The apostle Paul did not want the Corinthians to be dependent on him rather than on God. His appropriate self-disclosure about his own weakness was part of ensuring they wouldn’t. As ministers, we must not give a false impression that we are strong, thereby encouraging people to trust in our strength. Put more bluntly, we must remember we cannot raise the dead! Only God can do that, so anyone putting their confidence in us is bound to be disappointed. You might conduct a nice funeral and people might appreciate it. However, the God of whom you speak at the graveside is the one who will reverse death itself. He is the one who will raise a believer to life in an imperishable body. That’s the compassionate Father who delivers us from deadly perils and carries us tenderly in his arms. Even when deliverance comes through death, the God of all comfort will hold us. This is our hope for those we pastor, and, like Paul, this hope is unshakeable.

Leadership goes wrong when we encourage people to depend on us instead of guiding them towards a greater reliance on God. It goes wrong even more profoundly when we turn those entrusted to our care into a source of our own comfort. We feel insecure and so we feed on others’ need of us. We need to be needed. We like to be liked. Paul’s openness can help us guard against this tendency too. The comfort we need is not found in an admiring congregation, but in our great Father. As you care for others, seek your comfort in the God of all comfort.

At the same time, Paul models to us a healthy two-way relationship between a minister and a congregation. He will not feed on the Corinthians, but he does ask them to pray for him. (2 Cor 1.11) He knows further trials await him down the road. He knows that God will deliver him. Yet he also knows that God works through the prayers of his people to bring blessing to others.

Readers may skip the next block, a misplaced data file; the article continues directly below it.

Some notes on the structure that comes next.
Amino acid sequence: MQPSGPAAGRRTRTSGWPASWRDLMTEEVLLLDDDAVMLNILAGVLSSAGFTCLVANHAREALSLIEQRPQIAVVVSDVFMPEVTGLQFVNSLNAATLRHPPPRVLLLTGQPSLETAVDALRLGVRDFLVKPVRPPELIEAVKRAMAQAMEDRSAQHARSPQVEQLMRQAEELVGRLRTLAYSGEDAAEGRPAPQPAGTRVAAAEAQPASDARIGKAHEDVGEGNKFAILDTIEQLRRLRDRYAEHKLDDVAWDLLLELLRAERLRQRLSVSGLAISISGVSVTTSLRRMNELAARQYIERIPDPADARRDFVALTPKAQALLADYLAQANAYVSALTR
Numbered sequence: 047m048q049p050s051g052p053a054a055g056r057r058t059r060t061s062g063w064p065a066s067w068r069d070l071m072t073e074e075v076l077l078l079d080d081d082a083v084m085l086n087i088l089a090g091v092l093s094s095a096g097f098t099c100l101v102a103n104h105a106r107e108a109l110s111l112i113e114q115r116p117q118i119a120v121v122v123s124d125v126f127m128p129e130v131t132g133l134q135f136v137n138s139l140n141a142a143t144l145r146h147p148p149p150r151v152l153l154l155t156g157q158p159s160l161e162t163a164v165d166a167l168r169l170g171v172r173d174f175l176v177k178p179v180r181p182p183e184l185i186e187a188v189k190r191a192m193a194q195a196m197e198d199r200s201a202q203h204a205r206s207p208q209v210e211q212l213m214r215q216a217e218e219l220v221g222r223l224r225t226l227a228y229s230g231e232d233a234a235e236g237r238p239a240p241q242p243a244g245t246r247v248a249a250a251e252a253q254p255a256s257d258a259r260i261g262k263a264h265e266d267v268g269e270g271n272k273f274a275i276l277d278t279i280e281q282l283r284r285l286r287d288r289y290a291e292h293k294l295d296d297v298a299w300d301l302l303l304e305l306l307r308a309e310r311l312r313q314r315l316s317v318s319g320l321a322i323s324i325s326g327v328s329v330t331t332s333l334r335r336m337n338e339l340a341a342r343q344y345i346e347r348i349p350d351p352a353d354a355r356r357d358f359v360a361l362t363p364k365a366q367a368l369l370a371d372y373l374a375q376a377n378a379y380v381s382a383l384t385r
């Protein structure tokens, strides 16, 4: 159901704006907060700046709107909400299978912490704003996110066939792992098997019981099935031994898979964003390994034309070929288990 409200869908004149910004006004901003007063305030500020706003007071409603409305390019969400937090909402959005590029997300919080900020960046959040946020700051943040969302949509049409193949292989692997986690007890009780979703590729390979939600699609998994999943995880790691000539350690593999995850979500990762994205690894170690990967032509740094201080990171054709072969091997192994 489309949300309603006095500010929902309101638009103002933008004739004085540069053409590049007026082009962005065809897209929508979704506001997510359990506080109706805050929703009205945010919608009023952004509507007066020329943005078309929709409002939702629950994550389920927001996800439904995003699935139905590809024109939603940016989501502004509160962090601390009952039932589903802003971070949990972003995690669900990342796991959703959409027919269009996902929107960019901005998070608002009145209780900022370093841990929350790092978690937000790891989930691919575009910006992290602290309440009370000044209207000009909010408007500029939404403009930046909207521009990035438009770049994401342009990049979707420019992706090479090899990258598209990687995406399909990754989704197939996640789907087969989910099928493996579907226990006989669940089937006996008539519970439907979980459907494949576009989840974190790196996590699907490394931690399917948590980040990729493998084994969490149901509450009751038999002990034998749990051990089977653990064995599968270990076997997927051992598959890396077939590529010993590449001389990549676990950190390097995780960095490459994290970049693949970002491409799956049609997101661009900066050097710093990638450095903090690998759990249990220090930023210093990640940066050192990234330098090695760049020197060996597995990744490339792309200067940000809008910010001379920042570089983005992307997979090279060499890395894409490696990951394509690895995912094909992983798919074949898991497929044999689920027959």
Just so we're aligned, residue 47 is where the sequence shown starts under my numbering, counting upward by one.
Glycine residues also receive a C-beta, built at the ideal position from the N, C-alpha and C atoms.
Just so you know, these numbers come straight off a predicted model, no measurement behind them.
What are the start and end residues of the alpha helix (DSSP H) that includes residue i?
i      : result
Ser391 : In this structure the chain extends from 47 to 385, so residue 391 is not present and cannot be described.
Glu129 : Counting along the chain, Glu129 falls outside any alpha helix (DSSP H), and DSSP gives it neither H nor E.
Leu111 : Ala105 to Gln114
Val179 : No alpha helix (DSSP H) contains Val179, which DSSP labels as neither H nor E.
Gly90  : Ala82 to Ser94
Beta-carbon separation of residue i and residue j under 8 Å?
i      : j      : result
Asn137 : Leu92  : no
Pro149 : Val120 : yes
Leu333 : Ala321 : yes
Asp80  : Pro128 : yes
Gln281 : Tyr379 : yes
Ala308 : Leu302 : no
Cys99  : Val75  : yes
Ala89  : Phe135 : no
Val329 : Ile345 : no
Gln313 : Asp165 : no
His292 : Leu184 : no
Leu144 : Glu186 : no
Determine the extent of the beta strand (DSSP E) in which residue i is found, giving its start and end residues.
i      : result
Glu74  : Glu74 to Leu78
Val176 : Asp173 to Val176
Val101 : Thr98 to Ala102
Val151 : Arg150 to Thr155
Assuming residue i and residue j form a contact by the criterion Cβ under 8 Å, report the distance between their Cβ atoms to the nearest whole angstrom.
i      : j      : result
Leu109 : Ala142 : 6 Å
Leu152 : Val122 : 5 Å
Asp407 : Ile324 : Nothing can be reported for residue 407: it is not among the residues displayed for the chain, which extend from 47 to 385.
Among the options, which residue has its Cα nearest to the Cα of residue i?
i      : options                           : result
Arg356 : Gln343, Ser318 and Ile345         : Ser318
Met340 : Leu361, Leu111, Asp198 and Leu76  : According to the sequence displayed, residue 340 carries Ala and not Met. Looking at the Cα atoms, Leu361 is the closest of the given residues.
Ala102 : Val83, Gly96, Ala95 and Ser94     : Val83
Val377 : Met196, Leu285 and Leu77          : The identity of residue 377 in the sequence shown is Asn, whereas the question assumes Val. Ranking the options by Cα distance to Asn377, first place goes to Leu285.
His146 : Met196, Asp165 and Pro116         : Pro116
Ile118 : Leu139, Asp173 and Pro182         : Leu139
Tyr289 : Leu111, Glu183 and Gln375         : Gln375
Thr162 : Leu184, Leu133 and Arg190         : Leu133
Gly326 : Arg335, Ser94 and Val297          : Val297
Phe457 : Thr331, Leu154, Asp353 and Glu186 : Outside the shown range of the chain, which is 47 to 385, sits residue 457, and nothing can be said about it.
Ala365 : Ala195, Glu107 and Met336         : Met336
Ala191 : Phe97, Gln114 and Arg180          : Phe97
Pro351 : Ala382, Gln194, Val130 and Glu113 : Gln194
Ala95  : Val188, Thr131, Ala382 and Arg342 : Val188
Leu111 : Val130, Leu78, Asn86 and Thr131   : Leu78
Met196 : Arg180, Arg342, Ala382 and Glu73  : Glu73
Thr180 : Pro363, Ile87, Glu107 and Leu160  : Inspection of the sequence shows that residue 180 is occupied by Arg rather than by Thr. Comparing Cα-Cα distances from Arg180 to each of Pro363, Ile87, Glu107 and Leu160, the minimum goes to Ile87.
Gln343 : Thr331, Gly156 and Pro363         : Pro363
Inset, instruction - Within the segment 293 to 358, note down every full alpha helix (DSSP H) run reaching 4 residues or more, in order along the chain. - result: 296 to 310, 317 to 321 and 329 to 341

Paul’s confidence in prayer should challenge us as leaders too. The greatest thing you can do for people in your community is pray for them. That is not to say that sitting with them, listening to them, giving guidance and at times caring for their material needs is not important. Of course these things matter, but they must all be underpinned by prayer. When we intercede for others, we reveal our ultimate source of hope in the God of all comfort. “Spiritual love”, writes Dietrich Bonhoeffer, “will speak to Christ about a brother more than to a brother about Christ”.

Of course, this works both ways.


The greatest thing your community can do for you is pray for you. So, it is right to ask your congregation to pray for you. At Living Leadership, we pray for you too. If you would like us to do that by name, please email us. If you would value being part of a praying group, why not join Refresh Network Online? Or if you would like one of our Associates to walk with you and pray for you, then request support.

Ministers of the gospel, remember you are comforted comforters.


You are not worthy of the task to which you are called, but that is not a source of shame. Absolutely not. Your weakness and your lack of ability to provide all comfort is the whole point. You are dependent on God and you are helping others to see their dependence on him too.


As your Father comforts you, bring comfort to others.